Leaning in or leaning out

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By Anna Koelsch, Write(H)ers participant

 

Does Facebook’s COO Sheryl Sandberg have the answer for how women can finally break the glass ceiling? Probably not. 

Sandberg has attracted a lot of attention in the past few years. She’s delivered TED Talks and a Barnard College commencement speech, and those speeches brim with facts describing the dire situation of female leadership. As she said at Barnard, “Of 190 heads of 2 state, nine are women.  Of all the parliaments around the world, 13% of those seats are held by women. Corporate America top jobs, 15% are women; numbers which have not moved at all in the past nine years.  Nine years.  Of full professors around the United States, only 24% are women.”

We all recognize that this is not ideal (I hope), but what to do about it? Sandberg’s answers to this question have been the impetus for her most recent wave of media attention. The crux of her upcoming book “Lean In: Women, Work, and the Will to Lead” is that women need to work and try harder, and ‘lean in’ to their careers to achieve their full potential. Sandberg wants to begin a network of ‘Lean In Circles,’ where women meet monthly to discuss ways to combat inequality in the workplace.

Many have found this prescription easy to criticize, as Sandberg may have encountered fewer obstacles ascending her career ladder with two Harvard degrees and Larry Summers, Harvard’s former president and the former Secretary of the Treasury, as her academic and professional mentor. 

Another criticism of the “Lean In” model is that Sandberg focuses on helping the already-elite rise to super-elite status (for example, the Lean In Circles she suggests are “Booz Allen Hamilton Lean In Circles and Stanford University Lean In Circles”). What should be done, many argue, is focusing on how we can deconstruct already-existing power structures and empower more women to ascend professionally.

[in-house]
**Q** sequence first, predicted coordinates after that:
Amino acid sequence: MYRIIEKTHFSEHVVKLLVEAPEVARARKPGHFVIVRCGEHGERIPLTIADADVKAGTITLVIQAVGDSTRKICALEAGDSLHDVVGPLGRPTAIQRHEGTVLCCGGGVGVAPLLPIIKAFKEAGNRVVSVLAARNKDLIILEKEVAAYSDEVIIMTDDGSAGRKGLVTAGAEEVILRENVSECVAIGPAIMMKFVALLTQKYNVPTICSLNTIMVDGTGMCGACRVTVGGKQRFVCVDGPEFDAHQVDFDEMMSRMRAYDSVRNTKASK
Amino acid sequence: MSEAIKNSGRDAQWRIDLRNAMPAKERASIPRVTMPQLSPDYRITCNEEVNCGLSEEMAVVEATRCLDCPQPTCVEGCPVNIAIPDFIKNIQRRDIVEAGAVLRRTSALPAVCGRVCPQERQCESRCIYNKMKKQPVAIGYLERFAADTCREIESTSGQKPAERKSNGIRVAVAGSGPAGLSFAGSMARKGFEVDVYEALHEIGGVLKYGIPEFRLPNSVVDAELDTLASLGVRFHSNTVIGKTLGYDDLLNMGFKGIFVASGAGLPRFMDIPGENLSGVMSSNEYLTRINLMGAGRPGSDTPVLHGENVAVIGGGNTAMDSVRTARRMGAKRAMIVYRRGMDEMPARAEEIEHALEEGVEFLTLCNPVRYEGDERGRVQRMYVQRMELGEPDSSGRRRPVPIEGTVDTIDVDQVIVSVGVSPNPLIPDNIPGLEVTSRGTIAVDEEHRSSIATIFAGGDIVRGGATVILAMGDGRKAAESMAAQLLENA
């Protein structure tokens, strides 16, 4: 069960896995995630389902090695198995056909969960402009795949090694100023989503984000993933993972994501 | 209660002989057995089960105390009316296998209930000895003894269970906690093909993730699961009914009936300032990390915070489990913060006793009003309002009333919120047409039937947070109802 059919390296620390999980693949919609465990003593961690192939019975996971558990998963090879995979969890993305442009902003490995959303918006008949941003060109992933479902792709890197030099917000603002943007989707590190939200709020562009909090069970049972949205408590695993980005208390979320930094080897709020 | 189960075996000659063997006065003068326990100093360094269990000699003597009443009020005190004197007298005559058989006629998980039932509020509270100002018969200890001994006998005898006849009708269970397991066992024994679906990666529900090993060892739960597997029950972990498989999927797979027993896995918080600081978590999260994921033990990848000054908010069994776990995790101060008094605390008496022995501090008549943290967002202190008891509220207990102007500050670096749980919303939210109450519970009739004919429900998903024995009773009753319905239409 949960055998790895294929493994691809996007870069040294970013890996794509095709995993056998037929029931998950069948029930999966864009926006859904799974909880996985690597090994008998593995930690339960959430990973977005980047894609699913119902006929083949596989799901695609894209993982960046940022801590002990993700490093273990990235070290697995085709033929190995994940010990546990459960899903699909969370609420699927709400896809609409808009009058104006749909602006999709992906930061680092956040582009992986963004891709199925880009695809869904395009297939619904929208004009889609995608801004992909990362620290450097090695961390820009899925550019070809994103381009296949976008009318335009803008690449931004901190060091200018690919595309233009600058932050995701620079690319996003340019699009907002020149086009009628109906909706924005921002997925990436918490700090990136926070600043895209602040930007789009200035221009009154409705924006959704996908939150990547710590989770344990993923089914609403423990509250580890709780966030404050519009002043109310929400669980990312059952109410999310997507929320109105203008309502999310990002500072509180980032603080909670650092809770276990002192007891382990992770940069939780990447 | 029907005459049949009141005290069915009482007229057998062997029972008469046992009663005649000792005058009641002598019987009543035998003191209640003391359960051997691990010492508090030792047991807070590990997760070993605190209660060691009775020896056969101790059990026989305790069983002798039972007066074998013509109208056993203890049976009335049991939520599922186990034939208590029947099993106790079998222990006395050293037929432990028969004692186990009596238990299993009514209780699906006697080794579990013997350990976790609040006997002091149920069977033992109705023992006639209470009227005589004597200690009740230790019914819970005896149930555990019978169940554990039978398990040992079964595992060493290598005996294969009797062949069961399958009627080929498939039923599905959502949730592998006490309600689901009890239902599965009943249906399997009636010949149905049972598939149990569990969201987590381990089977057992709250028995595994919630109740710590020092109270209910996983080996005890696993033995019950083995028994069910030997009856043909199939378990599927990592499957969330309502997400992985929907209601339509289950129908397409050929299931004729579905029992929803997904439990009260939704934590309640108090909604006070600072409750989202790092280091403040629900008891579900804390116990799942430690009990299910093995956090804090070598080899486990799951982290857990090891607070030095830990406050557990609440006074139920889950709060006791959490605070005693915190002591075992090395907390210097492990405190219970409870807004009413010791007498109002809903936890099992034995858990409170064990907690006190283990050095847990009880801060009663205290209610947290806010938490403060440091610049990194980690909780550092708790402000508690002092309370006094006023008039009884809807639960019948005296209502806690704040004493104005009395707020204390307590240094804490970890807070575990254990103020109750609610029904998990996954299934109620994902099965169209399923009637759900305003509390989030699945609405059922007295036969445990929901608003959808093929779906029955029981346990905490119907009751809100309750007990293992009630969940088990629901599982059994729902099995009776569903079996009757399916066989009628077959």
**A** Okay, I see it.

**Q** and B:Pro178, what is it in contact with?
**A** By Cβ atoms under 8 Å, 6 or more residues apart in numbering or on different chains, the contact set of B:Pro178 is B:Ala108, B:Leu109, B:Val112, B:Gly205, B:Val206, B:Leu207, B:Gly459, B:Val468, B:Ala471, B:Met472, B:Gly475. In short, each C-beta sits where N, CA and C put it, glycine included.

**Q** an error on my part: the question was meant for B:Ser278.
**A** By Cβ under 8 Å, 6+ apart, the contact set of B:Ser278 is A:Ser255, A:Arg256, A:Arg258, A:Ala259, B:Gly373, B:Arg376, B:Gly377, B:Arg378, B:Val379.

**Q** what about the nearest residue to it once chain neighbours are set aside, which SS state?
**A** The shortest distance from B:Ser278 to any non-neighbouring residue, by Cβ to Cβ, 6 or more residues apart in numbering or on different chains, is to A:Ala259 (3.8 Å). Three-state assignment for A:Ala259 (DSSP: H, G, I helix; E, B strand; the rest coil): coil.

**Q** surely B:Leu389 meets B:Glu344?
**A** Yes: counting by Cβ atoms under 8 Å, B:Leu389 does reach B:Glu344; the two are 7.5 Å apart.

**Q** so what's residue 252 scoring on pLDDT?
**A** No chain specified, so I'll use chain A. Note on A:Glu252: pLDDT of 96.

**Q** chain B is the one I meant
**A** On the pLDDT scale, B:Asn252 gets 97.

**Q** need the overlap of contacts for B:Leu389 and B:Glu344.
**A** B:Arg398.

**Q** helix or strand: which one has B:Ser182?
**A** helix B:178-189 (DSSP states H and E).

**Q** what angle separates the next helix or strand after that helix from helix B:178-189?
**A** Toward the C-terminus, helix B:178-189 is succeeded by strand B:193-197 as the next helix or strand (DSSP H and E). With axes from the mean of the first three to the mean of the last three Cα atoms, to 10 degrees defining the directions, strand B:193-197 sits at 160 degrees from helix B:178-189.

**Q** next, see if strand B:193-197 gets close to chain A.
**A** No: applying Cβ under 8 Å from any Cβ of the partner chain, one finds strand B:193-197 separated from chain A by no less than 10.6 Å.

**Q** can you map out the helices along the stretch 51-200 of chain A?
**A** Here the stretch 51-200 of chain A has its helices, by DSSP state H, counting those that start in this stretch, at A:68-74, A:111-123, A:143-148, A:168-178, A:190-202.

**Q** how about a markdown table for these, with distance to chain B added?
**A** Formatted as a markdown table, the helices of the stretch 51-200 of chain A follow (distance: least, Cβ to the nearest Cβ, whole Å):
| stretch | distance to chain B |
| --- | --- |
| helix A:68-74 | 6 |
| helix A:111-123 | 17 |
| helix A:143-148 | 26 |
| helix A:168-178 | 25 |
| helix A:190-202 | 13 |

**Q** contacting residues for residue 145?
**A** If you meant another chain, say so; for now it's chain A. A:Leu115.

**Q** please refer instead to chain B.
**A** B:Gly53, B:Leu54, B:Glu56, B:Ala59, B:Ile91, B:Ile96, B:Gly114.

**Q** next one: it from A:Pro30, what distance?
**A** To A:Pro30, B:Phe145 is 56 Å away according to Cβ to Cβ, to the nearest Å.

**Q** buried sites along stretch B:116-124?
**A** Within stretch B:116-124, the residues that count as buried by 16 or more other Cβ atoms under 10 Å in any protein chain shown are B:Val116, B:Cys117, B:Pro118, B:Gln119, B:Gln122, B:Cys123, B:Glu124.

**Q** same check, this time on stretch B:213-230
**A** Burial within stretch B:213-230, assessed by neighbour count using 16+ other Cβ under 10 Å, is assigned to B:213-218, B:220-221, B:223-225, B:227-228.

I have to admit that I’ve been a starry-eyed Sandberg disciple ever since I watched that Barnard commencement speech, and felt like I had finally found my professional role model. I pre-ordered the Kindle version of “Lean In” months ago, and will probably try to join a Lean In Circle. I’ve spent the majority of this past weekend reading columns and blog posts criticizing Sandberg’s ideas, and then juxtaposing critical articles with re-watching the Barnard commencement speech and Makers.com’s Sandberg video-profile.

Maureen Dowd wrote a pretty scathing column about Leaning In that really had me think twice about my Sandberg veneration. Upon Dowd’s finding that Lean In Circles are supposed to include women telling professional stories with only positive endings, and that there is a specific instruction for circle-leaders to not invite flakes, Dowd responds with, “That leaves me leaning out.” She concludes by suggesting that Sandberg has created the whole Lean In movement to market herself.

I’m still going to read Sandberg’s book, and I’m still probably going to join a Lean In Circle. I do feel that it is important to question Sandberg and criticize her project. What are her motivations? Does she really blame women for not working hard enough? Does her advice about professional advancement apply as much to a community college student as it does to a Harvard student? I’m working on answering those questions for myself.

Ultimately, I think a project that directs attention toward closing the gender gap is probably net-positive, even if there are some questionable aspects to it.

 
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